Assassin’s Creed Origins Redesigns Three Franchise Pillars: Combat, Story & World

assassin's creed origins ubisoft
8.5
  • Playstation 4
  • Xbox One
  • Open World

In a new interview, Player.One spoke to Assassin’s Creed Origins Creative Director and Franchise Brand Manager Jean Guesdon about how the new Assassin’s Creed game reinvigorates the three foundational pillars of the franchise: combat, narrative and exploration.

Assassin's Creed Origins has been in development for almost four years, since the launch of Black Flag . “Since the beginning, the mandate was clear,” said Guesdon. “We wanted to refresh the franchise, to make it more dynamic, more fluid and more reactive, and to give a lot of freedom to the player so they can really be in charge of their own experience.”

Accomplishing this directive while also doing justice to the game’s ancient Egyptian setting required lengthier development time than previous entries in the Assassin’s Creed series, but the trade-off of time versus quality was one the team was willing to take in order to “bring the franchise to the next level.”

That meant a merciless examination of the franchise’s existing systems. “The combat system, from scratch. The narrative, we moved from mission structure to quest structure once again, to give the ability to players to play the stories they want to play, and adapt their play style. And in the world, pushing the ability to do stuff, pushing the capacity to explore the world, so this is why we have a massive world,” said Guesdon.

Combat was completely redone to feel “faster, more reactive, more dynamic and have more depth.” There are hundreds of weapons available, each with specific attributes; some have attributes tuned to particular playstyles. There is no longer a stark separation between exploration and combat, and controls are unified across the board. Players can freely switch between melee and long-range weapons on the fly.

The AI has also been revamped to add depth, with a variety of different archetypes ranging from a sad little grunt soldier to unique bosses that roam the world. “This huge variety of behavior, stats, make the combat very varied and I think well suited for a lot of different type of players,” said Guesdon.

In terms of narrative, Assassin’s Creed Origins is a prequel. While it’s still a part of the franchise’s storied lore, its ancient setting made it “really a blank page for us,” said Guesdon. “This is the beauty of telling origin stories: you can stay true to what has been said before, but bring new stuff to the table without actually carrying the overload. For people that have stopped playing for several years, they don't need to remember anything, but it's the Assassin’s Creed universe in all its layers.”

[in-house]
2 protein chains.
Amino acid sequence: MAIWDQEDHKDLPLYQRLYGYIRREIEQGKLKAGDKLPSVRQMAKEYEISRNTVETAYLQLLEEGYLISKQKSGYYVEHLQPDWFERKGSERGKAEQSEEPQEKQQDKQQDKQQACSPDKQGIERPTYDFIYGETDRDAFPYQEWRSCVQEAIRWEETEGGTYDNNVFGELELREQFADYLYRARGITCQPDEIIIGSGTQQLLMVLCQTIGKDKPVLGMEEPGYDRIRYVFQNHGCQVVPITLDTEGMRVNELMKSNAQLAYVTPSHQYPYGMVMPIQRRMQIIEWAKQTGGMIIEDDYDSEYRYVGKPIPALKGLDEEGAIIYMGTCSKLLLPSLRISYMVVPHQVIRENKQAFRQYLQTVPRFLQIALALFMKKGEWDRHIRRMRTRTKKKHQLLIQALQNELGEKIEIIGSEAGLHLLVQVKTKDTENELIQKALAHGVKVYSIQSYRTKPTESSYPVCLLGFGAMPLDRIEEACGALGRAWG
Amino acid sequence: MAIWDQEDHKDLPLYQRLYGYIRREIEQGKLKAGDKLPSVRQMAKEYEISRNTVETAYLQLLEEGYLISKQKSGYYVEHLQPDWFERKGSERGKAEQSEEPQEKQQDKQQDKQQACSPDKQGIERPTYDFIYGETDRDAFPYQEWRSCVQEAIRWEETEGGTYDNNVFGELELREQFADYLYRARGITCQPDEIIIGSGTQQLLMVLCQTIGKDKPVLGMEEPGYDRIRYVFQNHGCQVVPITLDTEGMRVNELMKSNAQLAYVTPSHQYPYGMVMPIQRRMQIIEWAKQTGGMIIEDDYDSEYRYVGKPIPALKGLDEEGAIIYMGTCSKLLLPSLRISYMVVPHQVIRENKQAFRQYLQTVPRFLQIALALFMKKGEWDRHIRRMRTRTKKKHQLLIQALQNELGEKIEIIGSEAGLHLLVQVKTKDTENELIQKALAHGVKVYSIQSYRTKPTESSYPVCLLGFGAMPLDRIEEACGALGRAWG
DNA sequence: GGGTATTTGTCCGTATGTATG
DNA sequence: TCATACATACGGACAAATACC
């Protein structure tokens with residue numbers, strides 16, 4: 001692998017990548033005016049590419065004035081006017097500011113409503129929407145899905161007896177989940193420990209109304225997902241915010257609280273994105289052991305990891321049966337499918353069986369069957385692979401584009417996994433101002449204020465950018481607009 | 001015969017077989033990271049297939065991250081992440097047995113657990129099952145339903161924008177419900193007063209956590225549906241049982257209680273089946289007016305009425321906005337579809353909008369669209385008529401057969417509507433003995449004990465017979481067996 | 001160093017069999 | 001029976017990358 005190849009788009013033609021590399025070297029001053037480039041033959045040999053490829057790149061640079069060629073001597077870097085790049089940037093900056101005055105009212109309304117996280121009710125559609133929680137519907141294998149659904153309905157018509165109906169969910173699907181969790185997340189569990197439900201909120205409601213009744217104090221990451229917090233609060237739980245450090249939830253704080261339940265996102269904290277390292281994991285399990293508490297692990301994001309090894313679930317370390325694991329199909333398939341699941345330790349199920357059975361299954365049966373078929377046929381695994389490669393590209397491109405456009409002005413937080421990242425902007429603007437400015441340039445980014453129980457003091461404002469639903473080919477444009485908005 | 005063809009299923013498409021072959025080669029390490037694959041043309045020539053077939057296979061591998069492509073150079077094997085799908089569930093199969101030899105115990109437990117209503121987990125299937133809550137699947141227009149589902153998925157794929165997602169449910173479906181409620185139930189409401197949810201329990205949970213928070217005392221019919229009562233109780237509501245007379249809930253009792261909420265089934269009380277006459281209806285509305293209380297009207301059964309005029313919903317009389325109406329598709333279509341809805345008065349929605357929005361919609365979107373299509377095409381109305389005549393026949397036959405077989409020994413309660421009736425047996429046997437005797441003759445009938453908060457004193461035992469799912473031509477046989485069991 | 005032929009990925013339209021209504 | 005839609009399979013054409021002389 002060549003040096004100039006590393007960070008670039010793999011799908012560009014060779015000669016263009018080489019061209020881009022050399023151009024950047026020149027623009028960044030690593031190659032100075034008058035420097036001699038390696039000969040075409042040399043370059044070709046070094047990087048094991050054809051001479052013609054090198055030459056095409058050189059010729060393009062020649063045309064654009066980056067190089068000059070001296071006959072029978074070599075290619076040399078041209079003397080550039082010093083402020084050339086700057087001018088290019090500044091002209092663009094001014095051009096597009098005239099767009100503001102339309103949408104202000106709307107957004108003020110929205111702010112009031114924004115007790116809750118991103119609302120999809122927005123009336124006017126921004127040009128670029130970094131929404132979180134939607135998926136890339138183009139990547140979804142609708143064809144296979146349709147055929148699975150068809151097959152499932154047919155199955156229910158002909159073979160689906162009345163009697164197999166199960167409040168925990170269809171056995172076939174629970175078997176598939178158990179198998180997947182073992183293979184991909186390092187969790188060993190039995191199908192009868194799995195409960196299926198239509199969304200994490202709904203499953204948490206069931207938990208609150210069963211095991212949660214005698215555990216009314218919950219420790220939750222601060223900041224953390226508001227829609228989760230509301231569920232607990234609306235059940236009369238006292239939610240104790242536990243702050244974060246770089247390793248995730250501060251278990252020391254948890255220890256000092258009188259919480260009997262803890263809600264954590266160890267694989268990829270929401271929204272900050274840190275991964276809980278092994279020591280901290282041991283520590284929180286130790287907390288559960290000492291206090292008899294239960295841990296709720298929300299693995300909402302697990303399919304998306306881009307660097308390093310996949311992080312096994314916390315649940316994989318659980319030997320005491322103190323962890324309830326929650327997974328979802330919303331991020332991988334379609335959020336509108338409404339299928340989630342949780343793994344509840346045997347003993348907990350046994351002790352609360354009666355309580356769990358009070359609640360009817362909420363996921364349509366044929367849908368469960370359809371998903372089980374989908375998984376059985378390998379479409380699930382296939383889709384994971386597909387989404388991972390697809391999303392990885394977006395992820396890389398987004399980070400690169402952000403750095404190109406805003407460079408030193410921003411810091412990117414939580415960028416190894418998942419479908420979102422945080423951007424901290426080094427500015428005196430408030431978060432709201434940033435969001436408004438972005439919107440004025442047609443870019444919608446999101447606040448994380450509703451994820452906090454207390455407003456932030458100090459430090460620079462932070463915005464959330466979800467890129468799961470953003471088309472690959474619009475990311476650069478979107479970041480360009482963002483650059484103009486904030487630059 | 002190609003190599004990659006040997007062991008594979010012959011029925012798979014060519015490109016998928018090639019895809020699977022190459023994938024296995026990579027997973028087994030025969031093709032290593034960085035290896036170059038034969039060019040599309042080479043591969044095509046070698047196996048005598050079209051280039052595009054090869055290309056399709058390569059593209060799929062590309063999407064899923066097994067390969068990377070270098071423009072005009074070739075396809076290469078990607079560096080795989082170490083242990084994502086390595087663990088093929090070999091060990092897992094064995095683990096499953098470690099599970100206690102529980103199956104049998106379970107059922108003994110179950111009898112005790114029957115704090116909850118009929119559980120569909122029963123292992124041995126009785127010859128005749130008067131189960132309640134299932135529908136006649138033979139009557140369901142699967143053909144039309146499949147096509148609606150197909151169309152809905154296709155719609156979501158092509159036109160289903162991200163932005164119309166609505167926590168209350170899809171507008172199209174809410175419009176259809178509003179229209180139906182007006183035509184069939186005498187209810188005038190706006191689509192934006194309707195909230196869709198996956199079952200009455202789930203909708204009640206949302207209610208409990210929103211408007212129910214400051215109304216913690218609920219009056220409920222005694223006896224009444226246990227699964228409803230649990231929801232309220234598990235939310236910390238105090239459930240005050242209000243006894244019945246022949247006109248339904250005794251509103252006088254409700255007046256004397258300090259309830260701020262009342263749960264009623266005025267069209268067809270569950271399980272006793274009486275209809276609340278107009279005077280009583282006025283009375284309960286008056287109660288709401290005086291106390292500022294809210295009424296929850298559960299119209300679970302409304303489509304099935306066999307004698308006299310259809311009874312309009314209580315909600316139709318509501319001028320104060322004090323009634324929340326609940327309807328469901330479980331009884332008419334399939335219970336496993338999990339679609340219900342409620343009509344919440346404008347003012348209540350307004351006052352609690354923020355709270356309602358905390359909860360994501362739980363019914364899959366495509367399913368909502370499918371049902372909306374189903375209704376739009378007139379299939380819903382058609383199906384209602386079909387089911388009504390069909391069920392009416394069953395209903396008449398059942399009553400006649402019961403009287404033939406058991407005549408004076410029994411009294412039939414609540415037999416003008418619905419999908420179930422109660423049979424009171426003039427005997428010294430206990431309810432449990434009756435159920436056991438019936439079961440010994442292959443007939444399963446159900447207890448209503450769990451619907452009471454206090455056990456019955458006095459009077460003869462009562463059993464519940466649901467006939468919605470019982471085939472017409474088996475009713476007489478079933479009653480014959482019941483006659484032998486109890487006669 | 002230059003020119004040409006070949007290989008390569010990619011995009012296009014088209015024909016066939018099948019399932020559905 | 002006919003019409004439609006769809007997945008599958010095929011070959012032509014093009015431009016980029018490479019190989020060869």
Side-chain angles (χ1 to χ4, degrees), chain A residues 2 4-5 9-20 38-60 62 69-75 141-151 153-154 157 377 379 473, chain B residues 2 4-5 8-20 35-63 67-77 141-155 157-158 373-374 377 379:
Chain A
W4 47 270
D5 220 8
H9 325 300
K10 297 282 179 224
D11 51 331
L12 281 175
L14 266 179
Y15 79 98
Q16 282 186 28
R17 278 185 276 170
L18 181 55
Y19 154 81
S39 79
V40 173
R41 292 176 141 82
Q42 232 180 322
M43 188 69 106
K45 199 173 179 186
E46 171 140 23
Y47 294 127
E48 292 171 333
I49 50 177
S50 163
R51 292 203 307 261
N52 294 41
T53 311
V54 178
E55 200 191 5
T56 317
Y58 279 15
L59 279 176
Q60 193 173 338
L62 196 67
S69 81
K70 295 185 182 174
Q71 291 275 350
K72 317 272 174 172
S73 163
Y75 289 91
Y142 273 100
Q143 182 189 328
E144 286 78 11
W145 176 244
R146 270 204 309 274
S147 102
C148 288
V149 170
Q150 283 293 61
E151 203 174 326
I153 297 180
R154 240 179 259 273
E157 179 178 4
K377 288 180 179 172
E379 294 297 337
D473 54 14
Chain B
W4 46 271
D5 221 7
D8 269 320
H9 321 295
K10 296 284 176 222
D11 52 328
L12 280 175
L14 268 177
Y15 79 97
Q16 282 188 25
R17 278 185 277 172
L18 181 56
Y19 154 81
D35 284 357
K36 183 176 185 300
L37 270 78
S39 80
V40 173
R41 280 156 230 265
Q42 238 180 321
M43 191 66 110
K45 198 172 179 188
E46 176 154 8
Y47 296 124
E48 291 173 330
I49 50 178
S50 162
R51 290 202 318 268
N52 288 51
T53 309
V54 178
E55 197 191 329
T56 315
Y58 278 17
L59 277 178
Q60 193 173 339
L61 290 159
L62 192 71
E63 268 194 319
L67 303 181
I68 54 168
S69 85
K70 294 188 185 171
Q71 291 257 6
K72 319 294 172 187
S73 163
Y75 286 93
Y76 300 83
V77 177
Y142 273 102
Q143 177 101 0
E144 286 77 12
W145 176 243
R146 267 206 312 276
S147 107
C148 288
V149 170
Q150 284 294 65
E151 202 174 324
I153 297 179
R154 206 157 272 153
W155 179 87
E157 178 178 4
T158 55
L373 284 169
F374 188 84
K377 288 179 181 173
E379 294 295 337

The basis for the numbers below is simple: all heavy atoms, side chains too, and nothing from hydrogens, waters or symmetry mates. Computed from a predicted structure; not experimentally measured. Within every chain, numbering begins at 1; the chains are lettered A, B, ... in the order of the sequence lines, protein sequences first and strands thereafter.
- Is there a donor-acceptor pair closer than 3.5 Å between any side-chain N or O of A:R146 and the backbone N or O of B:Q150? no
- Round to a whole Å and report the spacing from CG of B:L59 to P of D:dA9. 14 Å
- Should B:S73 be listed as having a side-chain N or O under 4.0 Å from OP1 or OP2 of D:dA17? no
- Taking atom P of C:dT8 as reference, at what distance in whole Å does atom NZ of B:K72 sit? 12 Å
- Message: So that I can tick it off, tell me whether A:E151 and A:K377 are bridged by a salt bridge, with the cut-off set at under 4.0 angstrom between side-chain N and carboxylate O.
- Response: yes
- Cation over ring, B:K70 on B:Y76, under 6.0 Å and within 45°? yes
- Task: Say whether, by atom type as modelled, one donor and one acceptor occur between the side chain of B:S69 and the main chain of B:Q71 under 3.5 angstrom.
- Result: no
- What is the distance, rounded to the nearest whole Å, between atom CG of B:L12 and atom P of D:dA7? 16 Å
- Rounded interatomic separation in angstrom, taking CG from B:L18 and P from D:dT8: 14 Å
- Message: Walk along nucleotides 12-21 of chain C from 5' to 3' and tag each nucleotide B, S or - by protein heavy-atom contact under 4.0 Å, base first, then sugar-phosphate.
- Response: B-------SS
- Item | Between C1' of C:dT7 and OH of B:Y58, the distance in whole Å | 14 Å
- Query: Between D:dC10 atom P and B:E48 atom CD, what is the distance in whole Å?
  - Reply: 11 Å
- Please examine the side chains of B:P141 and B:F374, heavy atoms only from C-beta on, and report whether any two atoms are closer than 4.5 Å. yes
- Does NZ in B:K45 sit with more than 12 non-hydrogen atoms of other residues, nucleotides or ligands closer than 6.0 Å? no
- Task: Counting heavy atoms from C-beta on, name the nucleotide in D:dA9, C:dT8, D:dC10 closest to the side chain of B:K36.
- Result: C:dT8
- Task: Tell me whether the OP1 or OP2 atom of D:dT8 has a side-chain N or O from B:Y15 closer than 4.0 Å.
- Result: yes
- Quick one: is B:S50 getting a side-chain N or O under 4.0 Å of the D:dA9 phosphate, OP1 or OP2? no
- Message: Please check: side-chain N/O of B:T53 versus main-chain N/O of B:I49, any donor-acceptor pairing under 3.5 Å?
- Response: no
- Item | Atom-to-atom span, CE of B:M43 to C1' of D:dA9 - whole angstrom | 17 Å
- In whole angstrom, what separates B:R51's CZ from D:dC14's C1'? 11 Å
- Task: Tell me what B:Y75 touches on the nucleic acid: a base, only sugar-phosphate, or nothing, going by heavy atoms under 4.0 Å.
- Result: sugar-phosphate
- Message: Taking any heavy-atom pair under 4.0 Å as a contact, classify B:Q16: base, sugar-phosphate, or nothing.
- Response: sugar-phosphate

Origins aims to appeal to both long-time fans and newcomers. “We are finding this sweet spot where long-time fans will feel at home, will understand a lot, and will understand how these iconic elements of the franchise — the feather ritual, the importance of the eagle, the cat finger with the eden blade — with the tenets and the value of the Brotherhood — how all these came together. So they will be, I hope, delighted by that,” said Guesdon.

As for Bayek, he’s a different kind of hero: in his thirties, married, with a life. “It's not the typical journey story of one young kid finding himself. It's more about an adult having to change,” said Guesdon. “Bayek is really representing this old Egypt that is soon going to die. It will need to evolve, to change. Romans are here, it's controlled by Greeks already for 300 years, so Bayek representing this old way of life and beliefs will at some point have to choose: do I adapt? Do I disappear?”

Finally, there’s the open world and exploration aspects of Assassin’s Creed. The team has removed the mini-map to eliminate chasing after icons, replacing it with a compass system. “We want the players to be responsible for their own experience… We give you what is needed so that you can find the locations, you can find the quest start, but we give you a little direction and you will need to look at the world and engage yourself within this world to craft your own experience,” said Guesdon.

These changes give rise to new ways to engage with the world of Origins. Players can climb rocks and cliffs now as well as manmade buildings, turning bandit caves into whole new realms of possibility. Underwater environments are accessible everywhere, and a slew of vehicles — from little boats to horses and camels to war chariots — enable players to get around Egypt exactly as they please. The world is massive, but players have more ways to interact with it than ever before. Even your eagle helps you understand your actions on a bigger scale, letting you tag animals for upgrade materials and enemies for loot or XP.

The world itself is also crammed with “meaningful content,” said Guesdon. There are “animals, bandit camps, military camps, with literally hundreds of quests and things to do.” In addition, the AI framework has been reworked to give the world a feeling of life: “People have agendas, they go to sleep, they do their stuff during the day, I think you can really feel it.” Even the animals have their own distinct behavior patterns, and through the use of Bayek’s eagle Senu, “you can fly wherever you want, the world is fully open, there is no limitation and so you realize that animals even far away from Bayek are still living.”

Assassin's Creed Origins is due for an Oct. 27 release date on PlayStation 4, Xbox One and Windows PC. Will you be taking an eagle-eye’s view of this ancient new world? Feel free to let us know in the comments section below.

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